Bear mauling heightens statewide community concern in wake of investigation warning of risks to public safety
Columbus, OH — The Animal Protection Institute (API), a national animal advocacy organization, is calling upon legislators to ban the ownership of dangerous wild and exotic animals in Ohio. The mauling of Rachel Supplee by an escaped bear and API’s recent Ohio investigation prove these animals pose widespread threats to public safety.
Over the course of its investigation, API documented Ohio wild animal owners allowing people to have direct contact with dangerous animals, such as tigers; inadequate caging allowing for the possibility of animal escape; and safety barriers reckless owners failed to properly secure, giving animals such as bears and lions direct access to visitors. API also recorded interviews with owners admitting to attacks that had happened and the level of danger such animals pose. Examples include:
“She bit me couple of times before she really got me, really hurt me ... if you go in there and just turn your back on her and walk out, sooner or later she’ll attack you.” (Owner of Tiger Ridge Exotics, Ohio, on being attacked by a bear at the facility)
“Oh yeah, I’ve got bit ... The whole side of my finger got taken off here last time, like this far down ... down to the bone ... real bad.” He did not go to the hospital, claiming: “If you go to the hospital, then they want to know what bit you and then they come down and put the animal to sleep ... you can’t tell too many people.” (Worker at Stump Hill Farm, Ohio, on being bitten by a bear at the facility)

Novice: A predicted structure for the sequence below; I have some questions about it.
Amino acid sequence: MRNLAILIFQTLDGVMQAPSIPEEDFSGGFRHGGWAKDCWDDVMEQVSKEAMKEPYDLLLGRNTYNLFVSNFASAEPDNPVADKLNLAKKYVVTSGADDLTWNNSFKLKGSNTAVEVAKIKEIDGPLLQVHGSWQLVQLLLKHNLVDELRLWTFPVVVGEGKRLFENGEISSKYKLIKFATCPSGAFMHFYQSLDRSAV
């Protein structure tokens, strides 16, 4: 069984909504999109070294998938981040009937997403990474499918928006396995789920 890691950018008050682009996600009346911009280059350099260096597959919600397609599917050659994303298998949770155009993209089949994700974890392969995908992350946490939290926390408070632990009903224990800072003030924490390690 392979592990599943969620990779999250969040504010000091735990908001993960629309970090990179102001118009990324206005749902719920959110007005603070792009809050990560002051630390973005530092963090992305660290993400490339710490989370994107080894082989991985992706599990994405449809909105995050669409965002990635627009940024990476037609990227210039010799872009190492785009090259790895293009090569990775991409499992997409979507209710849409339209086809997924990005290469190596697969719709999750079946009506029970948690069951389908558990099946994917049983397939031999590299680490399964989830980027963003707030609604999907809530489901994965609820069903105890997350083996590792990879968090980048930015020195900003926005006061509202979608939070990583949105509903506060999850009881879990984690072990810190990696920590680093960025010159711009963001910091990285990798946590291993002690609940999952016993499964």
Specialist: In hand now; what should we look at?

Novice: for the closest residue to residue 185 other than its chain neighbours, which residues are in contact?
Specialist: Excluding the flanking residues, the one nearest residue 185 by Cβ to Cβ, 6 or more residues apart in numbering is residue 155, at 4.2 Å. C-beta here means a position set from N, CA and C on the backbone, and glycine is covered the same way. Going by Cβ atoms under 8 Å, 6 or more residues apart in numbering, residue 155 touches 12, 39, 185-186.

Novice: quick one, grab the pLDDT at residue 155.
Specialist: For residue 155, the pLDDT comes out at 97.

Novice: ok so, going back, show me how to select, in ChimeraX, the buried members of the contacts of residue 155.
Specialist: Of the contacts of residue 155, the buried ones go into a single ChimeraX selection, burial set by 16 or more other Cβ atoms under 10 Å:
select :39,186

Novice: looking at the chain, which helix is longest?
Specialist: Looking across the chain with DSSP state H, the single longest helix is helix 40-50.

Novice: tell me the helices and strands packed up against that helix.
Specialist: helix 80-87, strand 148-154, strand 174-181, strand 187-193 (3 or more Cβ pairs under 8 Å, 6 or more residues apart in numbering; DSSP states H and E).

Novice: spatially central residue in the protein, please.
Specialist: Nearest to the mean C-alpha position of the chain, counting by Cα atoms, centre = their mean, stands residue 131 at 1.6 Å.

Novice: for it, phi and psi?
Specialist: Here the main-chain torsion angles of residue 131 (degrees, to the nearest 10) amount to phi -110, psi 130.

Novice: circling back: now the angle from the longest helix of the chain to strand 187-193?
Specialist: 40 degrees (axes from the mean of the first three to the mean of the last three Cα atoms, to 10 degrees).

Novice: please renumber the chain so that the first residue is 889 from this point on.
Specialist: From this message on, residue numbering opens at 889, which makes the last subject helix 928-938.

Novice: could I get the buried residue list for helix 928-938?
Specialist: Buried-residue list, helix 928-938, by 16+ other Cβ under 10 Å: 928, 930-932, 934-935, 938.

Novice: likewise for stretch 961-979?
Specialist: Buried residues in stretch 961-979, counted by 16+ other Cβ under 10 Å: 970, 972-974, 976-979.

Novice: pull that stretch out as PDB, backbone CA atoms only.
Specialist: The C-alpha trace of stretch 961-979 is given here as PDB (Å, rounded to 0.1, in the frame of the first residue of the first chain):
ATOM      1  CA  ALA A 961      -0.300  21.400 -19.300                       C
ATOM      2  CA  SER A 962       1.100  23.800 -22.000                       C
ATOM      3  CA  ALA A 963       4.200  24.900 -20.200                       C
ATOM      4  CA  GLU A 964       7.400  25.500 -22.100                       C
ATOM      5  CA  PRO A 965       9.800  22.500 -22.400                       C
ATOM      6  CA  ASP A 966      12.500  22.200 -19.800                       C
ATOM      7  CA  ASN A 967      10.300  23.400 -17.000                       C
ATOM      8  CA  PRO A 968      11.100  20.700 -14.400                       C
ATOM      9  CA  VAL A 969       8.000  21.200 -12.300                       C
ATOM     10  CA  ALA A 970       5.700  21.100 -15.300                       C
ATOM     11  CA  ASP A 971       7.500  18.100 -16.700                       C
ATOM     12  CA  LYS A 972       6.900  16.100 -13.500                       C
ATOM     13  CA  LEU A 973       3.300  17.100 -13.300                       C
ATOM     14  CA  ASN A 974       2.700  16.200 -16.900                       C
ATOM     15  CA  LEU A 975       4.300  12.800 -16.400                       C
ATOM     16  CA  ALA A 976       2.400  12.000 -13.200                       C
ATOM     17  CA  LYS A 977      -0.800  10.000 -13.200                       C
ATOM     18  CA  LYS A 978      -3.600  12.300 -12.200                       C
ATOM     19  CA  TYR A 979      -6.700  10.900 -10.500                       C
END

“We have provided clear, documented evidence that the private ownership of wild and exotic animals presents a real danger to neighbors, communities, and the public at large. The owners of these facilities are playing roulette with people’s lives,” says Michelle Thew, Chief Executive Officer of API. “For the safety of unsuspecting residents across Ohio, the legislature must act immediately to prohibit the most dangerous wild and exotic animals from being kept in private hands before another tragedy occurs.”
Ohio is one of only 12 states with no laws prohibiting the private possession of exotic animals such as cougars, tigers, bears, primates, and dangerous reptiles. API is currently working with two Ohio state legislators to draft legislation that addresses the public safety issues surrounding the keeping of these dangerous animals. We urge the remaining legislators to support these measures when they are introduced.
Ohio has seen at least 11 serious incidents involving exotic animals in the last five years, not including unreported attacks. The American Veterinary Medical Association, the United States Department of Agriculture, the Centers for Disease Control and Prevention, the National Animal Control Association, and the American Zoo and Aquarium Association (AZA), including the five AZA facilities located in Ohio, each oppose the private ownership of certain exotic animals.
API works to end animal cruelty and exploitation through legislation, litigation, and public education. API is a nationally recognized leader on exotic animal legislation and assists states in drafting and passing legislation. API also manages a Primate Sanctuary that is currently home to more than 400 primates, many of whom were rescued from abusive or exploitative private ownership situations. For more information, visit www.api4animals.org.
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Zibby Wilder, Animal Protection Institute, 916-447-3085 x205